Store in Hereford city centre sells for £5.2m

Hereford Times: A prime retail site in the city centre has changed hands for £5.2 A prime retail site in the city centre has changed hands for £5.2

A PRIME retail site in Hereford city centre has changed hands for £5.2m

Friends Life Ltd -  care of AXA Real Estate Investment Managers and advised by Savills – confirmed today (Thursday) that it had sold  3 – 5 High Street to Hawkeye Properties.

The deal was done at around £5.2m reflecting a net initial yield of 8.1%.

Currently let to fashion retailer New Look, the site totals 36,107 sq ft (3,354 sq m) arranged over basement, ground and two upper floors.

The present lease is for 35 years expiring in March 2025 and generates an annual rental income of £450,000.

Andrew Main, investment director at Savills, said the site presented an opportunity to acquire a “well-configured fashion store” secured to a national covenant with attractive long-lease structures.

“The unit further benefits from a strong retail position with extensive frontage onto the High Street in Hereford, which has continued to thrive as a shopping destination,” he said.

During negotiations, Hawkeye Properties was represented by Baron Associates.

The sale is the second big boost to retail in Hereford city centre within an week that coincided with the opening of the Old Market development.

Maylord shopping centre also has a new owner promising developments “in due course” over the future for the quarter.

As reported by the Hereford Times, Lunar Holdings Sarl – a joint venture between affiliates of  real estate investors Apollo Global Management and M&M Asset Management – confirmed their takeover of Maylord with no related sums disclosed.

The new owners have appointed property consultancy Prime Retail as leasing agents and London based chartered surveyors Lee Baron as managing agents.

In a statement, the new owners said they were working a “number of new initiatives” to enhance the scheme and retail offer and hoped to make announcements in due course.

Herefordshire Council  owns the freehold for Maylord which is worth more than £33k a year in rent.

In December, the Hereford Times  revealed that receivers had been appointed to the centre with existing tenants facing an investigation into their occupancy rights.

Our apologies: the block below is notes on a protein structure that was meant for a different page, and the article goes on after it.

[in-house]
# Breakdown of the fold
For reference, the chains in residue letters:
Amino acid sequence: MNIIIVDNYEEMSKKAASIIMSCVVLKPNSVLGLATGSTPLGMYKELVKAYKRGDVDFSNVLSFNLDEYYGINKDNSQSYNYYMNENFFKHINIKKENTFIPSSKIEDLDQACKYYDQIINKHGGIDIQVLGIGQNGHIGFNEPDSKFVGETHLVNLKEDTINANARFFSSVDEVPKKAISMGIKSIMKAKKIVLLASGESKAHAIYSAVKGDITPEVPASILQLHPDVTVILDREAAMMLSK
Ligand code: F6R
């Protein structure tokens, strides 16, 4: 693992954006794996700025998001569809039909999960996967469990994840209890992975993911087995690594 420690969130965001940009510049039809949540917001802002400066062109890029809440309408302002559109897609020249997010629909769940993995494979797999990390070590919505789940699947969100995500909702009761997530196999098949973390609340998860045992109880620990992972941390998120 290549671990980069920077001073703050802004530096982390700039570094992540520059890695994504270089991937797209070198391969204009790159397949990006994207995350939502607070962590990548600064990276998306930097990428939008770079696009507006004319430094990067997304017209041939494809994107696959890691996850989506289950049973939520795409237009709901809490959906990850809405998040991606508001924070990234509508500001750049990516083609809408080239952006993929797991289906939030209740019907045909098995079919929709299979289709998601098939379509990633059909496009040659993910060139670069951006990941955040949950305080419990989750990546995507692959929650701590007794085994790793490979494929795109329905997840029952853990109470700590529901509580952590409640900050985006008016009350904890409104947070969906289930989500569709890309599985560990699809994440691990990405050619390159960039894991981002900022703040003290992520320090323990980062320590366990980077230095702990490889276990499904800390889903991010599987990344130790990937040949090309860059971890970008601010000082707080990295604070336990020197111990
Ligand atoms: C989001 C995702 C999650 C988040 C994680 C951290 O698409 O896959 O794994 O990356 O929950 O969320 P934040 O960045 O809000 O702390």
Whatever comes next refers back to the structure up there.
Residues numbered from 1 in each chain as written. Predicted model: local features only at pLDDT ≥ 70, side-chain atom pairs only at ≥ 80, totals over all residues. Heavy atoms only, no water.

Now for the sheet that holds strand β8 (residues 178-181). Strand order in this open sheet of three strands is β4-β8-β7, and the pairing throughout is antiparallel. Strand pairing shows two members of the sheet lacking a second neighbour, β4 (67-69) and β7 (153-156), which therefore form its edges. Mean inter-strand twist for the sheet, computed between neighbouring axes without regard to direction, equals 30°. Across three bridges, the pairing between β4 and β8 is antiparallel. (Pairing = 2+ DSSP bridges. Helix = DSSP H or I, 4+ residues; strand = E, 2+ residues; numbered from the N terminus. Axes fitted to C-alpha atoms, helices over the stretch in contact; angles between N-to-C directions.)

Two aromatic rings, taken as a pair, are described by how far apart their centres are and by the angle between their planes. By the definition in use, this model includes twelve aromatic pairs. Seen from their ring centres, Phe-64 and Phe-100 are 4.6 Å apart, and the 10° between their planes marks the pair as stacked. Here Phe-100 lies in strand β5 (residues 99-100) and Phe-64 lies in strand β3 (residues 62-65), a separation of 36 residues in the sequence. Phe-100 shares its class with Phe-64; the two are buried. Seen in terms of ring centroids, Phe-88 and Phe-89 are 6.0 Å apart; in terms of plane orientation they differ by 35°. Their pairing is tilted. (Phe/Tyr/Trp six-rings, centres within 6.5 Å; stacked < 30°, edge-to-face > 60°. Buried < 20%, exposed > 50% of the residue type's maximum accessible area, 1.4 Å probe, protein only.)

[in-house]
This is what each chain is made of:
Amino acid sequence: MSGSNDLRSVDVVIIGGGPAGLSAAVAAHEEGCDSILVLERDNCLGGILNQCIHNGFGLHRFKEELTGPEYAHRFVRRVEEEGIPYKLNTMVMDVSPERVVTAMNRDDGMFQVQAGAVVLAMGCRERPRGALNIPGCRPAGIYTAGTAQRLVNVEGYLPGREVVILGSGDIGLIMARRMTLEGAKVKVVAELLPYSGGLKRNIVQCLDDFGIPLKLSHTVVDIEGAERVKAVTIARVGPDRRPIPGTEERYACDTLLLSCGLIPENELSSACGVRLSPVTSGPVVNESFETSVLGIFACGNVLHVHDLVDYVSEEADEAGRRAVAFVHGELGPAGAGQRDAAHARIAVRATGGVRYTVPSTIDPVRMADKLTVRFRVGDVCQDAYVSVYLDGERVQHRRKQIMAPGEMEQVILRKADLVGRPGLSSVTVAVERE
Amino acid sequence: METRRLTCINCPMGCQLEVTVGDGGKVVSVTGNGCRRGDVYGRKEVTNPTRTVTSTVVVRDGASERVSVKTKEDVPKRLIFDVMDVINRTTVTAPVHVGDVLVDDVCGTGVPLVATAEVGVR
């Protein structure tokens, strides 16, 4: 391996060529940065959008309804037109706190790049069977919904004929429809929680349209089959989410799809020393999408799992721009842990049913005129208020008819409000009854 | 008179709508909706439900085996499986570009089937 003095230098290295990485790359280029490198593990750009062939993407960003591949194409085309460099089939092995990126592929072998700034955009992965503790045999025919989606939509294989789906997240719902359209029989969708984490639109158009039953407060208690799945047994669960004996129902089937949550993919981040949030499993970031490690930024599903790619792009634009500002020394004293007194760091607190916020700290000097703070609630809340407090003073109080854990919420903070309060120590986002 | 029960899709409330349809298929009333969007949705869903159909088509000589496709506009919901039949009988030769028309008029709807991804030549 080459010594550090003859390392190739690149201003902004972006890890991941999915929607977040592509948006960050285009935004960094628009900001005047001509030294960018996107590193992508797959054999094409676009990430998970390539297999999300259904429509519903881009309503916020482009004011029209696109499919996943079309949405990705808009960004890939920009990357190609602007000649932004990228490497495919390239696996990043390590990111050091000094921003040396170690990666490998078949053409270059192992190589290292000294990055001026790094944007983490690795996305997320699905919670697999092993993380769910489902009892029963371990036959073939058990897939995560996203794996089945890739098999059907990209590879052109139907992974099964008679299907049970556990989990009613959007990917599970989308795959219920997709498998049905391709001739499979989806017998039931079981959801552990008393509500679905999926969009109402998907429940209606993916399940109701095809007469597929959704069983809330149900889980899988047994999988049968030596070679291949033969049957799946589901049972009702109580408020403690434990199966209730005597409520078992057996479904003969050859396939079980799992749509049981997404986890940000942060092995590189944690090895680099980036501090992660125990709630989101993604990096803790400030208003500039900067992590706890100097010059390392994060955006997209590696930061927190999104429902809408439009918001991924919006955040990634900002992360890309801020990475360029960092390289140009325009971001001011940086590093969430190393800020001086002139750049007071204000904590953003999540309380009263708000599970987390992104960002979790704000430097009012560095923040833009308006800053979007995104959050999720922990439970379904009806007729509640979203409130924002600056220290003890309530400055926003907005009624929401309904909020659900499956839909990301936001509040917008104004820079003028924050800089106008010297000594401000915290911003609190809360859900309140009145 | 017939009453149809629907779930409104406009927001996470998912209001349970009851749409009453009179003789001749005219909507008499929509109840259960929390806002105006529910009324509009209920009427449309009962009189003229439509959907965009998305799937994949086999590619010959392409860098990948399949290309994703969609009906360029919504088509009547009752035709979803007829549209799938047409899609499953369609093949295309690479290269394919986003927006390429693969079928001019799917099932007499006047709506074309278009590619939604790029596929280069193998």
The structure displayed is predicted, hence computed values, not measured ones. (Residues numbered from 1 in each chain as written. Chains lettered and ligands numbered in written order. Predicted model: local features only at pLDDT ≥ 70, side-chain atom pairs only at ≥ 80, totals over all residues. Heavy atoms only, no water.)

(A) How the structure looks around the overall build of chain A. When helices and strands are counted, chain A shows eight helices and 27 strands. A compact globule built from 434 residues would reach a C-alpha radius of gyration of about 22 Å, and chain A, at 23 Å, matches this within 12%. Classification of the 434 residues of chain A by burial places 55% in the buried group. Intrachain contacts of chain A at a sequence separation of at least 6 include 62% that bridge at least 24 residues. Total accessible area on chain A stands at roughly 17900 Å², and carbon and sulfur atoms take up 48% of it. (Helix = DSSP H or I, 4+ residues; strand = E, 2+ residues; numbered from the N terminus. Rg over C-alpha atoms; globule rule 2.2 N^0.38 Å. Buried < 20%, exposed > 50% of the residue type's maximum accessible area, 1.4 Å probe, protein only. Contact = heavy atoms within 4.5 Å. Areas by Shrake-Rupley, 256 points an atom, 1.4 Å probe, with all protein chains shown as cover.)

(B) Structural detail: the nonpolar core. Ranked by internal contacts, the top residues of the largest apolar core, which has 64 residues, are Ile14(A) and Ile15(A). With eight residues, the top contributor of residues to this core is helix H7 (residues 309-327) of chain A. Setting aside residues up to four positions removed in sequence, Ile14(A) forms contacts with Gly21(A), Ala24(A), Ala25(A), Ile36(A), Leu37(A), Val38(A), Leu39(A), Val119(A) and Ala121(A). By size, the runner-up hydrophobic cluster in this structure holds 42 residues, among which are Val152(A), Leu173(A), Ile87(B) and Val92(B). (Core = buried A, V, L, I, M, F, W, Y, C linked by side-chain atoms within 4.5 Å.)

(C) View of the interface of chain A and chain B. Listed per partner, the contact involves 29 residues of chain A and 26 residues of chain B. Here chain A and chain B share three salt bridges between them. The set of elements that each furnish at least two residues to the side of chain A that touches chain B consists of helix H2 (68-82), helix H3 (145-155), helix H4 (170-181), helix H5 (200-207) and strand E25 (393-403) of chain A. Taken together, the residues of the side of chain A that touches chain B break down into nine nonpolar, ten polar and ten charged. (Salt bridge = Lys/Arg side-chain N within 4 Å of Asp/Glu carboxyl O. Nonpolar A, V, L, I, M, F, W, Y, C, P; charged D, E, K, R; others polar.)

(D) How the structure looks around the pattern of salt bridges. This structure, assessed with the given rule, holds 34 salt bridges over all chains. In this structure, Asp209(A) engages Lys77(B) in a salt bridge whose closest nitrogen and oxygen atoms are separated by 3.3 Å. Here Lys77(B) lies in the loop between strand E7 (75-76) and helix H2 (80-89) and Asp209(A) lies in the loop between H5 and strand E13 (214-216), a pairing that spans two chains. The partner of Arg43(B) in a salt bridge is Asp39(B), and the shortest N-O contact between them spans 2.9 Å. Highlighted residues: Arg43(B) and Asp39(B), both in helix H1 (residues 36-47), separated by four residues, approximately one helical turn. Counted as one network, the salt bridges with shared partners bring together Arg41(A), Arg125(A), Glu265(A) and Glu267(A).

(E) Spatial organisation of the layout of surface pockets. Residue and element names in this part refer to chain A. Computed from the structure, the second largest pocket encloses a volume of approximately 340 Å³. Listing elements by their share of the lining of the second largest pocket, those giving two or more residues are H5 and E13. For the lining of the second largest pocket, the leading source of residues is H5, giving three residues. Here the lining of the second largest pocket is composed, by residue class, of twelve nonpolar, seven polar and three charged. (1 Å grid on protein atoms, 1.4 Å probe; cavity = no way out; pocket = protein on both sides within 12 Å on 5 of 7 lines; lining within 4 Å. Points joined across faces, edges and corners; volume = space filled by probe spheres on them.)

Comments (6)

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1:05pm Thu 8 May 14

WYSIATI says...

Serious question:

if 3-5 High Town has rental income of £450000 a year how can Maylord Orchard be worth "more than £33000 a year"?

One property versus a shopping centre - really? Did I miss something?
Serious question: if 3-5 High Town has rental income of £450000 a year how can Maylord Orchard be worth "more than £33000 a year"? One property versus a shopping centre - really? Did I miss something? WYSIATI
  • Score: 5

7:09pm Thu 8 May 14

RogerLFC says...

'The sale is the second big boost to retail in Hereford city centre within an week' ~ Why is this a boost? The report just seems to point out that the ownership of the property has changed. Until I read this I didn't even know who the existing owners were! I'm more interested tho in who owns River Island in town. If that was rebuilt it would be a boost! It's been a bombed out wreck for nearly 4 years now!
'The sale is the second big boost to retail in Hereford city centre within an week' ~ Why is this a boost? The report just seems to point out that the ownership of the property has changed. Until I read this I didn't even know who the existing owners were! I'm more interested tho in who owns River Island in town. If that was rebuilt it would be a boost! It's been a bombed out wreck for nearly 4 years now! RogerLFC
  • Score: 9

10:42pm Thu 8 May 14

dodger3 says...

Figures quoted cannot be right.
Figures quoted cannot be right. dodger3
  • Score: 1

7:48am Fri 9 May 14

courtesycall says...

The Lloyds Bank building, let to Lloyds Bank, is also currently for sale for the princely sum of £3M. Are existing owners getting out before the reality of The Old Market centre hits home?
The Lloyds Bank building, let to Lloyds Bank, is also currently for sale for the princely sum of £3M. Are existing owners getting out before the reality of The Old Market centre hits home? courtesycall
  • Score: -8

7:51am Fri 9 May 14

courtesycall says...

"Serious question"
I guess Herefordshire Council only own the freehold ground rent. The big money goes to the head leaseholder from sub-letting the shops.
"Serious question" I guess Herefordshire Council only own the freehold ground rent. The big money goes to the head leaseholder from sub-letting the shops. courtesycall
  • Score: 3

8:19am Fri 9 May 14

courtesycall says...

According to my research, it would appear the reason no details have been released of the price paid by the new owners of Maylord because the centre was bought as one of 133 properties in a portfolio valued at £400M. Impossible to analyse without a full list of addresses but at an average of £3M for each property the buyer could be getting a bargain. The Prudential is supposed to have paid around £35M and the last owner £40M in 2008.
According to my research, it would appear the reason no details have been released of the price paid by the new owners of Maylord because the centre was bought as one of 133 properties in a portfolio valued at £400M. Impossible to analyse without a full list of addresses but at an average of £3M for each property the buyer could be getting a bargain. The Prudential is supposed to have paid around £35M and the last owner £40M in 2008. courtesycall
  • Score: 1

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